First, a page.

Relationships between non-communicable disease, social isolation and frailty in community dwelling adults in later life: findings from the Hertfordshire Cohort Study.
Bevilacqua G., Jameson KA., Zhang J., Bloom I., Fuggle NR., Patel HP., Ward KA., Cooper C., Dennison EM.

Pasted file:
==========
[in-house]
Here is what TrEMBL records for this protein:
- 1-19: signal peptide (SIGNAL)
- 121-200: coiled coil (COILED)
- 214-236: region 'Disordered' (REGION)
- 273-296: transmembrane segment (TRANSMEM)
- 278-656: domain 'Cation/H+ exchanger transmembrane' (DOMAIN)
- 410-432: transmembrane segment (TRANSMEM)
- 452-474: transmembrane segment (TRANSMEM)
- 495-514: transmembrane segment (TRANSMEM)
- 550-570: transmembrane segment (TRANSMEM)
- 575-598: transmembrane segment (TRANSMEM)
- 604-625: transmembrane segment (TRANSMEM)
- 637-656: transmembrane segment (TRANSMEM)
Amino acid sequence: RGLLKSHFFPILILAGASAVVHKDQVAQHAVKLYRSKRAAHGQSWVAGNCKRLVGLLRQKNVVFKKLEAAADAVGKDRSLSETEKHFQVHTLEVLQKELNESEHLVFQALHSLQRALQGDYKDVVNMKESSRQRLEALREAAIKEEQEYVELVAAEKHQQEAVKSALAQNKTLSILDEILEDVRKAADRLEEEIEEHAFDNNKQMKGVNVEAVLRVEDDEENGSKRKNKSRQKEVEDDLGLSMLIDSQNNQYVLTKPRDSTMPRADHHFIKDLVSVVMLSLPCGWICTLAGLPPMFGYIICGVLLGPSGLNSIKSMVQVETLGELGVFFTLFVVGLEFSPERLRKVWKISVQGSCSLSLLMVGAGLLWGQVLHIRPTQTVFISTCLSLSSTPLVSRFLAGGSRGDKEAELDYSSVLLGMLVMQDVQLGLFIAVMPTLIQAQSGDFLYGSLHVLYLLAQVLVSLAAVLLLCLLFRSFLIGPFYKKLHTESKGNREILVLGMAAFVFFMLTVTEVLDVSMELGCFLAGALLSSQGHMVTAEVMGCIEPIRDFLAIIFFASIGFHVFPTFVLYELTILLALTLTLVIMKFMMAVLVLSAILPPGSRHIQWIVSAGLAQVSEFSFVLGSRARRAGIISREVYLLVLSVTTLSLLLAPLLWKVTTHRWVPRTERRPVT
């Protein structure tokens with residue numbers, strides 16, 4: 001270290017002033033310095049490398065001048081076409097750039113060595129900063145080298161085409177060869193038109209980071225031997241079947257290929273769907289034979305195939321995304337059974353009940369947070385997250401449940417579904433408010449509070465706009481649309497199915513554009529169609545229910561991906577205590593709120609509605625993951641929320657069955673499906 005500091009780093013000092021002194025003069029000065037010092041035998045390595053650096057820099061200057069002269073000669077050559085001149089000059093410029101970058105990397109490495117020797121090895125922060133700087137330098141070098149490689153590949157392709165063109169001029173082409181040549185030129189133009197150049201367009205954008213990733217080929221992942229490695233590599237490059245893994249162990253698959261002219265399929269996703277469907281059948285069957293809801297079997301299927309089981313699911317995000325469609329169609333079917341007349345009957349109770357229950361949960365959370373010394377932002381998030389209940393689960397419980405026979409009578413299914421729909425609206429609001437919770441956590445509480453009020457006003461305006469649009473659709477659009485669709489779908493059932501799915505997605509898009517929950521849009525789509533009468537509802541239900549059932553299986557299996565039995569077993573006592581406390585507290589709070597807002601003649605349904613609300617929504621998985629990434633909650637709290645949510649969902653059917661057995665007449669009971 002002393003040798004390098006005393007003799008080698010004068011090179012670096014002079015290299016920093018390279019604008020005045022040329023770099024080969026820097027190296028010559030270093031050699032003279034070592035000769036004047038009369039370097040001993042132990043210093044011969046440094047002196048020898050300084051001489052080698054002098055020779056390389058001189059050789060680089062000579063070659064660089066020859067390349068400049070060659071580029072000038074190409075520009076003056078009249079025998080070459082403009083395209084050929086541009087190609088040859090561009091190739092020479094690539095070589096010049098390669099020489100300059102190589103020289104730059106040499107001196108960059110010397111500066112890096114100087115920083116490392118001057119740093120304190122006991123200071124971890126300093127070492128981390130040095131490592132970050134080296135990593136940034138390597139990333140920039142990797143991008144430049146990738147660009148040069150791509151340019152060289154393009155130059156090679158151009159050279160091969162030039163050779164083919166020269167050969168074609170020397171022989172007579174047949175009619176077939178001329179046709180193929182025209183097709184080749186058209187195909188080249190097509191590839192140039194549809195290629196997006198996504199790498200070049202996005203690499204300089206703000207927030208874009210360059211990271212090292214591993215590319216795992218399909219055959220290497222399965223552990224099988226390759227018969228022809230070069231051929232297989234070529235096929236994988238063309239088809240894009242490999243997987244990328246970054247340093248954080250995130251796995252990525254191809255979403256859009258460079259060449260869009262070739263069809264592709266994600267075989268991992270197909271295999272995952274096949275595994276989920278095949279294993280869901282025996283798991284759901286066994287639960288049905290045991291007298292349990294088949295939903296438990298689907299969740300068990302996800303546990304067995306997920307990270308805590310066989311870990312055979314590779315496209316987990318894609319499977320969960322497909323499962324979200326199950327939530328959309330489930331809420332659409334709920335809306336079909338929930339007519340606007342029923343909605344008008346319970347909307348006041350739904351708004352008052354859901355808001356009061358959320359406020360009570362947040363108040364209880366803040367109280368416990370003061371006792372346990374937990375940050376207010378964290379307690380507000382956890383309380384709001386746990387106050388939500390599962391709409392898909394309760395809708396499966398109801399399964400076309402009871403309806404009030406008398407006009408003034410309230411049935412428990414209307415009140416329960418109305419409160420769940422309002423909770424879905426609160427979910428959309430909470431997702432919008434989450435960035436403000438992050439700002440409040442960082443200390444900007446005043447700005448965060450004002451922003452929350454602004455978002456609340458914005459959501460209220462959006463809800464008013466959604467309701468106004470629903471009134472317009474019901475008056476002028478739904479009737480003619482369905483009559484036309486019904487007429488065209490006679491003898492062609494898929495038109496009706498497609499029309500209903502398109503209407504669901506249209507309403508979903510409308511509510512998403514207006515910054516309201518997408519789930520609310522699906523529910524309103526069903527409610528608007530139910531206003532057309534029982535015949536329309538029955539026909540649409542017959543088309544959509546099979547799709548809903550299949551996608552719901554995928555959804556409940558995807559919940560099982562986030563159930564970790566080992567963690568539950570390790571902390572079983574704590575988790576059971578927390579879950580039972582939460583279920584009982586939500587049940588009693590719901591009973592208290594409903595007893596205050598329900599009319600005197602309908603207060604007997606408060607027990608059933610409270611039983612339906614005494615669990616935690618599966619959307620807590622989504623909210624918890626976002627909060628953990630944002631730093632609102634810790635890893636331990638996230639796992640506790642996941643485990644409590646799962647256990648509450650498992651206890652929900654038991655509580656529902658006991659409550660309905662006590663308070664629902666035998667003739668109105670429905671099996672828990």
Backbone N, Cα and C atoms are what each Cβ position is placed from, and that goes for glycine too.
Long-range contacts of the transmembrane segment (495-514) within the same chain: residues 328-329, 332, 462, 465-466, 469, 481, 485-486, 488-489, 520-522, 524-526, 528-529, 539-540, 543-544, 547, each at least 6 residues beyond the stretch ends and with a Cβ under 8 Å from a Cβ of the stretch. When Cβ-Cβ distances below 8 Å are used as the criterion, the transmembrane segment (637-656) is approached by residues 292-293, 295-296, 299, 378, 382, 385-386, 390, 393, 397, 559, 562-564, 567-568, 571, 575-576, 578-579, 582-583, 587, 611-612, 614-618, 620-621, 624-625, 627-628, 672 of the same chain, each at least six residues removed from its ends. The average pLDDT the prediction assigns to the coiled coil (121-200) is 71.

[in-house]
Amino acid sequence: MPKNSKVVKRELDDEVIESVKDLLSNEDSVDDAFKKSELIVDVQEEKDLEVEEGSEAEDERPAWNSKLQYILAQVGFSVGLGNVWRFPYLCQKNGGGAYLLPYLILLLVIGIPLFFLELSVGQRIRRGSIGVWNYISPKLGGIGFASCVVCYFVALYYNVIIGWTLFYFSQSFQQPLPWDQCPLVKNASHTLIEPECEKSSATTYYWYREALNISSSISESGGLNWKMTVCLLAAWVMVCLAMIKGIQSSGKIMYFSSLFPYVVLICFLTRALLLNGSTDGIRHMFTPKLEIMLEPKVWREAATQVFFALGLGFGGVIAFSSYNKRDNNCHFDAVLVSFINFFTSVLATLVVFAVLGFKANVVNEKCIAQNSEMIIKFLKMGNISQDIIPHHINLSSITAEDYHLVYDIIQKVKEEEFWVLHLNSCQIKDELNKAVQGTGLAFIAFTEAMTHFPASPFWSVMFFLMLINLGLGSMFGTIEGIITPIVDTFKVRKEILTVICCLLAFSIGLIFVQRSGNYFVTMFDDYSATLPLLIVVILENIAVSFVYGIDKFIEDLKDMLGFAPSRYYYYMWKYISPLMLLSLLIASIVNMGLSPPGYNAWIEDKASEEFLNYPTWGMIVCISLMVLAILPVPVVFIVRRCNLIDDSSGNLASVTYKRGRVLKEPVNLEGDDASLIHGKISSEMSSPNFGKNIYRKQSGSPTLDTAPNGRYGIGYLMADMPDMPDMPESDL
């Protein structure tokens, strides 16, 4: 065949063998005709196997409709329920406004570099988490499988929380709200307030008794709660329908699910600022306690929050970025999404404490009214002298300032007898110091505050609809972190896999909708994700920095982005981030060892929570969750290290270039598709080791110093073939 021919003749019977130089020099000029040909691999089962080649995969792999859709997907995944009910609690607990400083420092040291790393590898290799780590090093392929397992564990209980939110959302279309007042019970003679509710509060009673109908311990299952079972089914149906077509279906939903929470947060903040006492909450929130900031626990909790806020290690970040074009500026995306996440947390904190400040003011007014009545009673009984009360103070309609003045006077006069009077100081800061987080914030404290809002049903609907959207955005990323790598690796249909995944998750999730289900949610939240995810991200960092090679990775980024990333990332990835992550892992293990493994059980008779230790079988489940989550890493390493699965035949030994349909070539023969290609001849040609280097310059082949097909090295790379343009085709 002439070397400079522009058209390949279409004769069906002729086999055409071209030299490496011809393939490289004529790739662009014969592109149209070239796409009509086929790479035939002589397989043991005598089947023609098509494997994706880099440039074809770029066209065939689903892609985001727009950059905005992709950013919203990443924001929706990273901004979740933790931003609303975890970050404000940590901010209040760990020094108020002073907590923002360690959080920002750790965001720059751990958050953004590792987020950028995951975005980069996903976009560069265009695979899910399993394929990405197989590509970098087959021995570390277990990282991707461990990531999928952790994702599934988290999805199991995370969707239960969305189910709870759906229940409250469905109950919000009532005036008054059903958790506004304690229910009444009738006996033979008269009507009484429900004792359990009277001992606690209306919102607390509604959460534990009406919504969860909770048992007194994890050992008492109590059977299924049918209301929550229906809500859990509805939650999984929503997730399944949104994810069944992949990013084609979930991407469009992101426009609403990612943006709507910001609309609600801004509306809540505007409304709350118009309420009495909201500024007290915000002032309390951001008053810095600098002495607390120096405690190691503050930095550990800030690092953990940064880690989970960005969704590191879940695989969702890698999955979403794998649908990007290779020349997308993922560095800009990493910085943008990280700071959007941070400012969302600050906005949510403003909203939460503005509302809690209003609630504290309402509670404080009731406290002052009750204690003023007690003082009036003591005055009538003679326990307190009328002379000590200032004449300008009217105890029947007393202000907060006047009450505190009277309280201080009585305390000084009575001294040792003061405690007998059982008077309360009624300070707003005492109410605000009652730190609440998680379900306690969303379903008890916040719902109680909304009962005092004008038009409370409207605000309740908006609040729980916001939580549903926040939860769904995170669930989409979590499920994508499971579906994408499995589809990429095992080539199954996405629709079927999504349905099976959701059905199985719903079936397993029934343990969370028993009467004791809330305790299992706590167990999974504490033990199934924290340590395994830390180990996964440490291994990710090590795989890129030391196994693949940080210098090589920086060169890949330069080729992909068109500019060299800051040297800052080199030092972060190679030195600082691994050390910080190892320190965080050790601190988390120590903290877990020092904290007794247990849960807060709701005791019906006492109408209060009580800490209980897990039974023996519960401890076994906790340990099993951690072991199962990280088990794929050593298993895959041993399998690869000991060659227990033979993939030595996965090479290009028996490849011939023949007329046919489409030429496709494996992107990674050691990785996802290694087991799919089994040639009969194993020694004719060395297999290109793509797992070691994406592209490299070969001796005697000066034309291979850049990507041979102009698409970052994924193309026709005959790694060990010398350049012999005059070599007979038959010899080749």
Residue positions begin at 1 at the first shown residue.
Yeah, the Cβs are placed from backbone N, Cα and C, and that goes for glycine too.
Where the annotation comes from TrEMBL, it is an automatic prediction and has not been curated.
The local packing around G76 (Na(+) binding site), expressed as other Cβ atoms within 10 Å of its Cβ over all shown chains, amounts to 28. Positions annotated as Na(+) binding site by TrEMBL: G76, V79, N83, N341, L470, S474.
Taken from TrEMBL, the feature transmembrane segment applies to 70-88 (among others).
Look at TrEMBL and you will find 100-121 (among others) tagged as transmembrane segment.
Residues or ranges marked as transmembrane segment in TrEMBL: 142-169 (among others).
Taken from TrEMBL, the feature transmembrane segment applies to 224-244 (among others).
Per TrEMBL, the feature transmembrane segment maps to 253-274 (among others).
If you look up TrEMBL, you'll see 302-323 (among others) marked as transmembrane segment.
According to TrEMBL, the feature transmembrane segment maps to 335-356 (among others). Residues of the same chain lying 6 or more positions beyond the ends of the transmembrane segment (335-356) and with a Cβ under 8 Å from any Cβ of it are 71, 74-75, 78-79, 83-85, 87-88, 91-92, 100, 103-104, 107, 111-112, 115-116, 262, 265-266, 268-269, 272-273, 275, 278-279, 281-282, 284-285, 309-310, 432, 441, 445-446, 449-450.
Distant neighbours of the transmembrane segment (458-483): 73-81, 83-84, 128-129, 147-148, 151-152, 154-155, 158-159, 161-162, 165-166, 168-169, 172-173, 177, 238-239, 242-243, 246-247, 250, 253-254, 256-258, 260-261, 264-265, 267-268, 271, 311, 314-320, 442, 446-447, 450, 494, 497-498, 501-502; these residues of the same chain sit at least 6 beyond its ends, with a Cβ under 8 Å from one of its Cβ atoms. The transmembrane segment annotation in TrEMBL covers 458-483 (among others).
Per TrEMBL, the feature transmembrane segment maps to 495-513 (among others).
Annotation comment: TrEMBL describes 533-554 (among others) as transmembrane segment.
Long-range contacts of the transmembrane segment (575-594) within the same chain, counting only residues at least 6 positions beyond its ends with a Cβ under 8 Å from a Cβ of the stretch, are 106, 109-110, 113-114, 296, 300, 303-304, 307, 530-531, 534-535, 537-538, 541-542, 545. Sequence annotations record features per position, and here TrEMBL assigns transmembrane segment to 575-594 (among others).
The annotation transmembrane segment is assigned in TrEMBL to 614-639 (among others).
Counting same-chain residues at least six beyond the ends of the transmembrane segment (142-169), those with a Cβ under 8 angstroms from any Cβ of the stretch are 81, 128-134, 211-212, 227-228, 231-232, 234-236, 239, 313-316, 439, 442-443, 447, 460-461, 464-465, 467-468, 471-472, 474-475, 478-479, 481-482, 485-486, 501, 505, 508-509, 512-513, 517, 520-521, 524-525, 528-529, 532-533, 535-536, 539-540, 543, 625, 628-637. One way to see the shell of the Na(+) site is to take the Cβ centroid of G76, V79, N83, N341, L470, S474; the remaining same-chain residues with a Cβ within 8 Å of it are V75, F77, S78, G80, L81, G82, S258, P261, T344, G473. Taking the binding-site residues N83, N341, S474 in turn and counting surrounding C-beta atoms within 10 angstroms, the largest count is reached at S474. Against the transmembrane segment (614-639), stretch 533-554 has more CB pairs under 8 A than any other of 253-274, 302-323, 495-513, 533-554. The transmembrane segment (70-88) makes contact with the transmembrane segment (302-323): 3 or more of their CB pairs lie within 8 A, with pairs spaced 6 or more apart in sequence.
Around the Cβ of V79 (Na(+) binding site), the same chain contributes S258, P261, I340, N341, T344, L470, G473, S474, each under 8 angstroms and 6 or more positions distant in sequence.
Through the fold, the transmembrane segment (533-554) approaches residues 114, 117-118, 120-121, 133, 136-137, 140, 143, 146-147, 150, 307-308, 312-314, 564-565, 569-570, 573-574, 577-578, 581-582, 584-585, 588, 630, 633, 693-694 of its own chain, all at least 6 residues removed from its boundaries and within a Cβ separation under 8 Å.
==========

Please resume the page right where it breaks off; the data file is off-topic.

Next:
BACKGROUND: Social relationships play a fundamental role in individuals' lives and health, and social isolation is prevalent among older people. Chronic non-communicable diseases (NCDs) and frailty are also common in older adults. AIMS: To examine the association between number of NCDs and social isolation in a cohort of community-dwelling older adults in the UK, and to consider whether any potential association is mediated by frailty. METHODS: NCDs were self-reported by 176 older community-dwelling UK adults via questionnaire. Social isolation was assessed using the six-item Lubben Social Network Scale. Frailty was assessed by the Fried phenotype of physical frailty. RESULTS: The median (IQR) age of participants in this study was 83.1 (81.5-85.5) years for men and 83.8 (81.5-85.9) years for women. The proportion of socially isolated individuals was 19% in men and 20% in women. More women (18%) than men (13%) were identified as frail. The number of NCDs was associated with higher odds of being isolated in women (unadjusted odds ratio per additional NCD: 1.65, 95% CI 1.08, 2.52, p = 0.021), but not in men, and the association remained robust to adjustment, even when accounting for frailty (OR 1.85, 95% CI 1.06, 3.22, p = 0.031). DISCUSSION: Number of self-reported NCDs was associated with higher odds of social isolation in women but not in men, and the association remained after considering frailty status. CONCLUSIONS: Our observations may be considered by healthcare professionals caring for community-dwelling older adults with multiple NCDs, where enquiring about social isolation as part of a comprehensive assessment may be important.